Published online Jan 15, 2022. doi: 10.4251/wjgo.v14.i1.163
Peer-review started: March 22, 2021
First decision: June 16, 2021
Revised: June 30, 2021
Accepted: December 7, 2021
Article in press: December 7, 2021
Published online: January 15, 2022
Liver transplantation (LT) has emerged as a curative strategy for hepatocellular carcinoma (HCC), but contributes to a higher predisposition to HCC recurrence in the immunosuppression context, especially for tumors beyond the Milan criteria. Although immunotherapy has dramatically improved survival for immunocompetent patients and has become the standard of care for a variety of tumors, including HCC, it is mainly used outside the scope of organ transplantation owing to potentially fatal allograft rejection. Nevertheless, accumulative evidence has expanded the therapeutic paradigms of immunotherapy for HCC, from downstaging or bridging management in the pretransplant setting to the salvage or adjuvant strategy in the posttransplant setting. Generally, immunotherapy mainly includes immune checkpoint inhibitors (ICIs), adoptive cell transfer (ACT) and vaccine therapy. ICIs, followed by ACT, have been most investigated in LT, with some promising results. Because of the complex tumor microenvironment and immunoreactivity when immunosuppressants are combined with immunotherapy, it is difficult to reach formulations for immunosuppressant adjustment and the optimal selection of immunotherapy as well as patients. In addition, the absence of effective biomarkers for identifying rejection and tumor response is still an unresolved barrier to successful clinical immunotherapy applications for LT. In this review, we comprehensively summarize the available evidence of immunotherapy used in LT that is specific to HCC. Moreover, we discuss clinically concerning issues regarding the concurrent goals of graft protection and antitumor response.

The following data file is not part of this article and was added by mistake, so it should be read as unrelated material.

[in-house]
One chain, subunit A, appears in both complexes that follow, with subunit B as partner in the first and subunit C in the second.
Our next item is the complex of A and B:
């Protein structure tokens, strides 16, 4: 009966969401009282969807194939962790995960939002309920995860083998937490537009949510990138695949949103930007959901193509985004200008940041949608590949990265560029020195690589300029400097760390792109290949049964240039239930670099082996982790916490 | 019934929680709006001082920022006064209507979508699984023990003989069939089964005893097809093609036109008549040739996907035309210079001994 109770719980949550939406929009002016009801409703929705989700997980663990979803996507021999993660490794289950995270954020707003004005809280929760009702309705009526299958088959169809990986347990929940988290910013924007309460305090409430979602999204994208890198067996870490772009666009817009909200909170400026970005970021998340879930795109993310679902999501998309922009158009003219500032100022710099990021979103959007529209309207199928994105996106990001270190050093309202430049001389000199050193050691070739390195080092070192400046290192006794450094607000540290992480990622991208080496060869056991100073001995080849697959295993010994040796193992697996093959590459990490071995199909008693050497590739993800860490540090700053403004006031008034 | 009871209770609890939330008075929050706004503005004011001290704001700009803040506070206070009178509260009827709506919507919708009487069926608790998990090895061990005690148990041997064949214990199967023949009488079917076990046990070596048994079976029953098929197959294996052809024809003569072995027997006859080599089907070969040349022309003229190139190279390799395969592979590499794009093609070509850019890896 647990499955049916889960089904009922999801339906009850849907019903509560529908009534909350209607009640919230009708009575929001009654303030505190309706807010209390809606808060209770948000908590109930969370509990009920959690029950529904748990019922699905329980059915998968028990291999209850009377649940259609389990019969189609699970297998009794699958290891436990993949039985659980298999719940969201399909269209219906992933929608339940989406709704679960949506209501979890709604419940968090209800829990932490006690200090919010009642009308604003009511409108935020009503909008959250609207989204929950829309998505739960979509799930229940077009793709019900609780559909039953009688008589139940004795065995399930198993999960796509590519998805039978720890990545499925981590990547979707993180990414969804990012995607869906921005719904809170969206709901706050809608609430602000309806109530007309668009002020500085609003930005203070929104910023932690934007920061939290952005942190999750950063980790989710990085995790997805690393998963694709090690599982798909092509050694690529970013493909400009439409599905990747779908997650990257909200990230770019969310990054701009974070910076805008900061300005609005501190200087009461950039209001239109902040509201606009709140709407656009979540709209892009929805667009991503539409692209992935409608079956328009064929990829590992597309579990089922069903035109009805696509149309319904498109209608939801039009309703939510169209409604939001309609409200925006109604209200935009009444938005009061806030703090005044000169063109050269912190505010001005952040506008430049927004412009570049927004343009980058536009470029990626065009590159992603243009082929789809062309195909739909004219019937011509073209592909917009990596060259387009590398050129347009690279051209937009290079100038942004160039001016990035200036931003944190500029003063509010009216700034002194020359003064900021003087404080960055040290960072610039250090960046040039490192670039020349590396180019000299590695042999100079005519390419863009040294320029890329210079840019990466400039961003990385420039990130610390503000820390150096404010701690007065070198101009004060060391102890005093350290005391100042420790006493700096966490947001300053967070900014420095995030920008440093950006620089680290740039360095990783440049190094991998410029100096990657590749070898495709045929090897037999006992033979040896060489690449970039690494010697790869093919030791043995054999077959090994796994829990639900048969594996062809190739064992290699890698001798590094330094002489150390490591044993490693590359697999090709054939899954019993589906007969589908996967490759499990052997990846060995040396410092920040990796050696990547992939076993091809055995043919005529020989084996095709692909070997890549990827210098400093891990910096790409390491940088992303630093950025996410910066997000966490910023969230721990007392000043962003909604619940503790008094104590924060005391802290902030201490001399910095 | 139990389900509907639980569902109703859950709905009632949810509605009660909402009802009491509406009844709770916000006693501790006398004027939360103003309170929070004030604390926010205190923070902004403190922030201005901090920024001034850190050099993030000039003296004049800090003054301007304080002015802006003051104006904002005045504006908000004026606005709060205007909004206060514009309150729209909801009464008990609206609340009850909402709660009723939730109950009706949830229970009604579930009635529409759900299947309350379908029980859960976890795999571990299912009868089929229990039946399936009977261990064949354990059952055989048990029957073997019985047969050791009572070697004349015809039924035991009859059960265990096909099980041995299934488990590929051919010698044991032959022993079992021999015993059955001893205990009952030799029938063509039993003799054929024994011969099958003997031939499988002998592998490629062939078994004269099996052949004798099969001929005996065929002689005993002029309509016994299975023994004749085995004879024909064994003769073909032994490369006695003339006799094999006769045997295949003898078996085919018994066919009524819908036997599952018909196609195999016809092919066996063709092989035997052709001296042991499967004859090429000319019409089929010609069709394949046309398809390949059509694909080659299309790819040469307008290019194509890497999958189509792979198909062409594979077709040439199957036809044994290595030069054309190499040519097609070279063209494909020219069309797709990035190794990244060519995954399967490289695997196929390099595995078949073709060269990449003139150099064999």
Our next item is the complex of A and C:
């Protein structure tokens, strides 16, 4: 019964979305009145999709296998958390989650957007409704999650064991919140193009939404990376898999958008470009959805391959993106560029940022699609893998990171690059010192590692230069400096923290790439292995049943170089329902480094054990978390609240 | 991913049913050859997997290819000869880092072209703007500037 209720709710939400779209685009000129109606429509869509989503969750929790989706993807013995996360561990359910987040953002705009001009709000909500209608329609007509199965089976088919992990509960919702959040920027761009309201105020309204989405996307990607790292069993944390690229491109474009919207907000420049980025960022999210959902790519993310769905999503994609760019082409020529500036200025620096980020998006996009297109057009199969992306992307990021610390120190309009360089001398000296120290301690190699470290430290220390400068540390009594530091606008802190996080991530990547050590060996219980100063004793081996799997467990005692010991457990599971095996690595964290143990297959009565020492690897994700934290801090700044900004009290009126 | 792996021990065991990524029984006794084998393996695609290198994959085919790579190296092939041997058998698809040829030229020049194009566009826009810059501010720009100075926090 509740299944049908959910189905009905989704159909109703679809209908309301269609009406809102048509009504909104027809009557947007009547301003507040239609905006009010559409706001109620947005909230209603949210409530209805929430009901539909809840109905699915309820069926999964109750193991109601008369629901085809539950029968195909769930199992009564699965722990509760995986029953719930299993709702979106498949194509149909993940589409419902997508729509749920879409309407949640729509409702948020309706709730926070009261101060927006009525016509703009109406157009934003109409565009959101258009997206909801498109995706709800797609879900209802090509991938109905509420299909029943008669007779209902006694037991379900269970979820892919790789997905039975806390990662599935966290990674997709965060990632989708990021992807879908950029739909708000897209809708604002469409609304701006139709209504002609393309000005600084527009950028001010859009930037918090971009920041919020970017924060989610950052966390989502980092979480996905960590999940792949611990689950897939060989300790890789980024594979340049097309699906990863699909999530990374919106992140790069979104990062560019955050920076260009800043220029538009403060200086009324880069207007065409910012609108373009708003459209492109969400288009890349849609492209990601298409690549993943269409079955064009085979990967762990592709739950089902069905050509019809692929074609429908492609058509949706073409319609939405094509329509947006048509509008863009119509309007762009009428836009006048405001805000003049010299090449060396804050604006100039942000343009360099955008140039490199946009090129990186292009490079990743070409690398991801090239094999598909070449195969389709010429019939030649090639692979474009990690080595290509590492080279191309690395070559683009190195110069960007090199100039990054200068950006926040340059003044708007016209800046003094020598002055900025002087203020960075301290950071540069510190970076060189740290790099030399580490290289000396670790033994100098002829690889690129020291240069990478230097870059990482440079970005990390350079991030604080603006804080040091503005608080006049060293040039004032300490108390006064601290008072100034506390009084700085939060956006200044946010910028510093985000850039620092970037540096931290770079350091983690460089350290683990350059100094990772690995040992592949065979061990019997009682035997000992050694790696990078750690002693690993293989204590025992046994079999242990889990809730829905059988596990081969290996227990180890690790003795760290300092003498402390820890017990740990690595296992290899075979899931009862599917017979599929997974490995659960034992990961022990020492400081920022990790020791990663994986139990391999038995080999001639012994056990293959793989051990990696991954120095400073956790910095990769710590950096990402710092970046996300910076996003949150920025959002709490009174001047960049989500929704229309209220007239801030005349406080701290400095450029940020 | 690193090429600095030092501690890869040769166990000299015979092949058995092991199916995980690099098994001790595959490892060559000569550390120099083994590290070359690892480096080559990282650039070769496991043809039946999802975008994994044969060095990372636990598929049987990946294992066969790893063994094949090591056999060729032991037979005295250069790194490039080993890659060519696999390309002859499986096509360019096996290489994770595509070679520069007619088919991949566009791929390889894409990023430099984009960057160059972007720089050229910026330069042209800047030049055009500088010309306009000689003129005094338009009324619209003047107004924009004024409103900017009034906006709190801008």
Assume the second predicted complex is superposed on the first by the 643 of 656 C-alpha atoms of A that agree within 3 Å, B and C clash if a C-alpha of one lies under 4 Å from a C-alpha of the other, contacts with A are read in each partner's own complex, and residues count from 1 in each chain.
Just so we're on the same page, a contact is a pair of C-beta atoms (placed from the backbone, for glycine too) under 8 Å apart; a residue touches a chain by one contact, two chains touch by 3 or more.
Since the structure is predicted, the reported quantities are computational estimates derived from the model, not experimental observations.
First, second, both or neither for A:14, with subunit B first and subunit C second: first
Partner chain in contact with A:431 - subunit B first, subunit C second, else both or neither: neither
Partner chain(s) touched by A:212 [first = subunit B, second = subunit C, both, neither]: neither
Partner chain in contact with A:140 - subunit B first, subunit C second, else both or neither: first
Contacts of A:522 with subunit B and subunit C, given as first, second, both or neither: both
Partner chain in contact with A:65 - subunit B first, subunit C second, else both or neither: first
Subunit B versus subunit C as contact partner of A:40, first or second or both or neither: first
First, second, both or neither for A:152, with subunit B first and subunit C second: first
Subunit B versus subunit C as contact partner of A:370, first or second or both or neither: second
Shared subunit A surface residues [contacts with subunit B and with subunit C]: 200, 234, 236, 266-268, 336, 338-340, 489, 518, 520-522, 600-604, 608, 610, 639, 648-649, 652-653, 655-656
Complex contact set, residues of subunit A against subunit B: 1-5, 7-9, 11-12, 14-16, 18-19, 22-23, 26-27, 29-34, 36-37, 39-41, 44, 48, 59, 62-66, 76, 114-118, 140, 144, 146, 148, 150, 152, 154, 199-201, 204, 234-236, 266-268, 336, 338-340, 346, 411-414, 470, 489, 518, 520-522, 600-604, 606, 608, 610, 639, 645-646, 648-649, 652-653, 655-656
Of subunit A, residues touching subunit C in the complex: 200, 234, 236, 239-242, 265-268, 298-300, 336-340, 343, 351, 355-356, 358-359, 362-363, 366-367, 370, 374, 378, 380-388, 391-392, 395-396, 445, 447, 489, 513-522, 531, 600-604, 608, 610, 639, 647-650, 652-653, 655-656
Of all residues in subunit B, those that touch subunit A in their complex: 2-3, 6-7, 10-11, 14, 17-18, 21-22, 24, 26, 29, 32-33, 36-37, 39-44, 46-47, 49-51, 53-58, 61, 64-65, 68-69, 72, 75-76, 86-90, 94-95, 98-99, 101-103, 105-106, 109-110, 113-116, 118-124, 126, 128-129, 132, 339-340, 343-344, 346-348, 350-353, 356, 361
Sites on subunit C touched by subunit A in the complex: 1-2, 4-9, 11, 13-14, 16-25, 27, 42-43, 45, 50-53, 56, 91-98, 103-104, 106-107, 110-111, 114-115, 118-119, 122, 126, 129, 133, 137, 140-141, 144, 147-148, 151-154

Core Tip: This review addresses revolutionized immunotherapy for hepatocellular carcinoma (HCC) in liver transplantation (LT), from downstaging or bridging management in the pretransplant setting to adjuvant or salvage strategy in the posttransplant setting. Considering that the benefit of the antitumor response outweighs the incremental risk of rejection, it is worthwhile to take immunotherapy into account as the salvage option when HCC recurs after LT. More prospective studies are required to provide direct evidence regarding immunosuppressant adjustment, biomarkers for response and the optimal selection of immunotherapy as well as patients.